Using Drones for Business Operations
Not that long ago, drones were a sci-fi fantasy: amazing and cutting-edge technology that only the military or the ultra-wealthy could afford. Now that drones have become more affordable, they are being utilized in intriguing ways by a number of industries.
- Claims adjusting
- Product delivery
- Automated tasks
- Privacy and liability concerns
The insurance industry was quick to see the value of drones, particularly for claims. In the past whenever natural disasters caused widespread damage, insurance companies would dispatch a team of human adjusters wielding cameras. While the use of a drone is unlikely to fully replace human claims adjusters, drones are being used to perform various important tasks. A drone can quickly photograph and collect data about damaged property. A drone can also be sent into structures that are not safe for humans to enter. In addition, relieving the need for claims adjusters to climb roofs can help improve safety and possibly reduce the number of workers’ compensation claims.
It’s a good bet that your clients are also finding ways to use drone technology. With companies like Amazon introducing the concept of delivery via drone, it’s realistic to predict that other companies will follow suit. While it may be a concept that still seems a bit of a stretch, some businesses are already using drones to perform small tasks in office settings. In Japan, drones have been used to blast annoying music at employees that are working too many hours and won’t go home.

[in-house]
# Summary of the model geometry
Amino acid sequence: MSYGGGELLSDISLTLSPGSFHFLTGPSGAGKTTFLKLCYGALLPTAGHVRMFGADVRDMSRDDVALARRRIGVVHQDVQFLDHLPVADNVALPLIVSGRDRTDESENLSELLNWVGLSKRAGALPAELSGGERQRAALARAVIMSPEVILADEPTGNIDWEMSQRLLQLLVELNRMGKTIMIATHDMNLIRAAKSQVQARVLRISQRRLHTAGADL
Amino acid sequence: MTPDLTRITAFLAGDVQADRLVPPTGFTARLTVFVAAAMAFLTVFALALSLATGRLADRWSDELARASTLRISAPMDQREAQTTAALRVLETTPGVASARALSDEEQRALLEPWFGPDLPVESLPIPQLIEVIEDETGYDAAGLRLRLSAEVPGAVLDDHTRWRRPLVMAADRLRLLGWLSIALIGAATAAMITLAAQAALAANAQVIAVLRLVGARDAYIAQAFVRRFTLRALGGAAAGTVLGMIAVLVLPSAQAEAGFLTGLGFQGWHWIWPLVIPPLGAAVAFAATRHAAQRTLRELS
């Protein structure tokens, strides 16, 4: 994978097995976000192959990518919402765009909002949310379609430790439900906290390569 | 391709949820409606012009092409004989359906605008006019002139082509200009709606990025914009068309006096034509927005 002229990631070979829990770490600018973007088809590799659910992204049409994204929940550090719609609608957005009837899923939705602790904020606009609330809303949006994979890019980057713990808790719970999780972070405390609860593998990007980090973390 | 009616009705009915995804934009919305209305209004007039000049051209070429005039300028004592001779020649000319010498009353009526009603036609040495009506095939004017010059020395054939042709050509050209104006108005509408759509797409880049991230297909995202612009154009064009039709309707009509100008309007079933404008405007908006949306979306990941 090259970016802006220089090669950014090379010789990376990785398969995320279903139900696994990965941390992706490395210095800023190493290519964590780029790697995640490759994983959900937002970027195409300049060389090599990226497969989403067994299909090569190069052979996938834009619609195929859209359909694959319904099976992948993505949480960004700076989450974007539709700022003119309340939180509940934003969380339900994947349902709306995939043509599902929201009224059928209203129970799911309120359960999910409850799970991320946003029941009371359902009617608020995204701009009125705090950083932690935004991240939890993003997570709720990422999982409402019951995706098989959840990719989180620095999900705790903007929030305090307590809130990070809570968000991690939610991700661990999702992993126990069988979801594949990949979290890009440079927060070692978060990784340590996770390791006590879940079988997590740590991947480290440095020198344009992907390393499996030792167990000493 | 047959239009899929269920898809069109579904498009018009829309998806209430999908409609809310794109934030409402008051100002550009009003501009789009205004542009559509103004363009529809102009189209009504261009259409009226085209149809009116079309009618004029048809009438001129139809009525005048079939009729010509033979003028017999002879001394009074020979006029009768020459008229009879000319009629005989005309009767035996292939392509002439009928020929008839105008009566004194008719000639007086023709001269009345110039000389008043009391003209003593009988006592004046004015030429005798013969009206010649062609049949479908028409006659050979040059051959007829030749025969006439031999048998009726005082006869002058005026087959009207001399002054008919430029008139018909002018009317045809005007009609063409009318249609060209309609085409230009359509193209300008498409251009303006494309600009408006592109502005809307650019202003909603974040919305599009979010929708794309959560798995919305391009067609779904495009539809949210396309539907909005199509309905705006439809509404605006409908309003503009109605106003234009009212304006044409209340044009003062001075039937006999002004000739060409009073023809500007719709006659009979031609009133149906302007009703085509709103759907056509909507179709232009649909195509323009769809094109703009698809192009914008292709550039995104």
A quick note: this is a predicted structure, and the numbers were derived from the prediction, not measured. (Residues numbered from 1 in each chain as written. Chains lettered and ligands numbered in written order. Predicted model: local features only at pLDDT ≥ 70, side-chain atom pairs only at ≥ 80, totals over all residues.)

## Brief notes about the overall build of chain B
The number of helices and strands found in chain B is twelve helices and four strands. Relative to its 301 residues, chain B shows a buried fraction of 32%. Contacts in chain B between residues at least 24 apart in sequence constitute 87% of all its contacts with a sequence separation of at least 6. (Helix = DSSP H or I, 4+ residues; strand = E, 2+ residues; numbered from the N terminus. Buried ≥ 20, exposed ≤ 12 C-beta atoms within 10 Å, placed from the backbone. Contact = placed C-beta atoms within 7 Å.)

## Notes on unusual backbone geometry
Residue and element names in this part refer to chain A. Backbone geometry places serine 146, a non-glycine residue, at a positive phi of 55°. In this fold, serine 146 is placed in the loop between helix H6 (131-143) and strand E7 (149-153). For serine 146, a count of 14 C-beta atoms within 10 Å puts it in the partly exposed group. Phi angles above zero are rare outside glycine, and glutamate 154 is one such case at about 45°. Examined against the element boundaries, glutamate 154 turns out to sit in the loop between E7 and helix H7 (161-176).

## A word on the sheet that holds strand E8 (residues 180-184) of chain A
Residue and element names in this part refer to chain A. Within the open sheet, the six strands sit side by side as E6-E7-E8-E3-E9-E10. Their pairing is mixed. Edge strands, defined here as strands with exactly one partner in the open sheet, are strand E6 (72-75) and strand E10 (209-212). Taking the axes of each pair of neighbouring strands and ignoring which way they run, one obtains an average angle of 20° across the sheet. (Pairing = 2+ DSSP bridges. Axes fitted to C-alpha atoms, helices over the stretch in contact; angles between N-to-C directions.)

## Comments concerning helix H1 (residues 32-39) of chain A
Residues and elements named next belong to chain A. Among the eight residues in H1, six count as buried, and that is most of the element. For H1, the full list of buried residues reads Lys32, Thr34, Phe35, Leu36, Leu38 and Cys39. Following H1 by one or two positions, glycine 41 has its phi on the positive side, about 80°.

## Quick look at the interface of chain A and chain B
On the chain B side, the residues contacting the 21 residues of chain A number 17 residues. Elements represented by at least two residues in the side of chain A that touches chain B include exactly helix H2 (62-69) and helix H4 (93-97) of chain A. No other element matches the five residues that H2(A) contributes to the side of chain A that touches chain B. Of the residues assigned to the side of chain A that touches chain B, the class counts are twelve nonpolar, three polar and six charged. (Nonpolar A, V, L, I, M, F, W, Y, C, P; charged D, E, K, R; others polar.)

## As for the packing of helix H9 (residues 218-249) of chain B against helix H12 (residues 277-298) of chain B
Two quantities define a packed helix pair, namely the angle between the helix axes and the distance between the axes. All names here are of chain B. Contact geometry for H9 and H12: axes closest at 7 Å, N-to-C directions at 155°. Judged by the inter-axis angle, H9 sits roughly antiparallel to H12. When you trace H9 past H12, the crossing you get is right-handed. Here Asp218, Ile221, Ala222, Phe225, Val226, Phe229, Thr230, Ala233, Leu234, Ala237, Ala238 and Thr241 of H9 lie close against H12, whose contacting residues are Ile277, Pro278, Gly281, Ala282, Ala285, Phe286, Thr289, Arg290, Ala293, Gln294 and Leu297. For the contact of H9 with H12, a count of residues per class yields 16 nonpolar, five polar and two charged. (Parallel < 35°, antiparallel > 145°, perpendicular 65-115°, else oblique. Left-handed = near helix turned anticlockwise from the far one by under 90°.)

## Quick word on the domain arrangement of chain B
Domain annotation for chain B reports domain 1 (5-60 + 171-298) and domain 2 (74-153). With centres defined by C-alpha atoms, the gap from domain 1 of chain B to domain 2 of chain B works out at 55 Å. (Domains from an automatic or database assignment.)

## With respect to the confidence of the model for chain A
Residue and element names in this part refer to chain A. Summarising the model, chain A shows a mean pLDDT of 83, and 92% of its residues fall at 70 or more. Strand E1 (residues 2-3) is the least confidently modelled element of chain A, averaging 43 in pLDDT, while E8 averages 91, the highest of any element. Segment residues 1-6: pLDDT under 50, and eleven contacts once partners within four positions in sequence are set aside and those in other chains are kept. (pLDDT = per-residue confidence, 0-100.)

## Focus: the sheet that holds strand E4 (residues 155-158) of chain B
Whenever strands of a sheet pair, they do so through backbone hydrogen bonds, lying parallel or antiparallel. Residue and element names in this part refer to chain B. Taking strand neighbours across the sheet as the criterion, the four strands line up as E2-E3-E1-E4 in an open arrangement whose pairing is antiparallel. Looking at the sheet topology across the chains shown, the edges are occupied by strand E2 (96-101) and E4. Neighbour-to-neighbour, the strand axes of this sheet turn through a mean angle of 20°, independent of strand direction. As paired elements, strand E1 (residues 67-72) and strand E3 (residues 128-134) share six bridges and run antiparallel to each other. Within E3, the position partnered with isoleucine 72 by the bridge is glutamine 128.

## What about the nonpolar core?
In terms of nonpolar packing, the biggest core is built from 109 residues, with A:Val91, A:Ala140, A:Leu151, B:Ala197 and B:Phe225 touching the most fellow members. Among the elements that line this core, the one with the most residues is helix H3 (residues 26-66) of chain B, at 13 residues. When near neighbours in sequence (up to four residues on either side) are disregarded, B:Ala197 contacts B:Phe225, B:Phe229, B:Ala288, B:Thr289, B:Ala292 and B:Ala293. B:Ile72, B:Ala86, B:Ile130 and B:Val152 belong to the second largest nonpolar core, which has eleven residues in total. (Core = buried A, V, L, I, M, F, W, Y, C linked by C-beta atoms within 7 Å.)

Have you thought about how adding drones to business operations could impact your clients? A fleet of drones is something that your clients would need to have insured. What about the privacy issues involved with sending drones armed with video capability to customers’ homes? And then there are issues of pilot and/or operator liability if a drone is involved in an accident causing bodily injury or property damage.
While you might not be ready to install drones in your agency’s office, your clients may be subject to exposures of which neither they nor you are aware. It’s a conversation to consider at their next coverage review.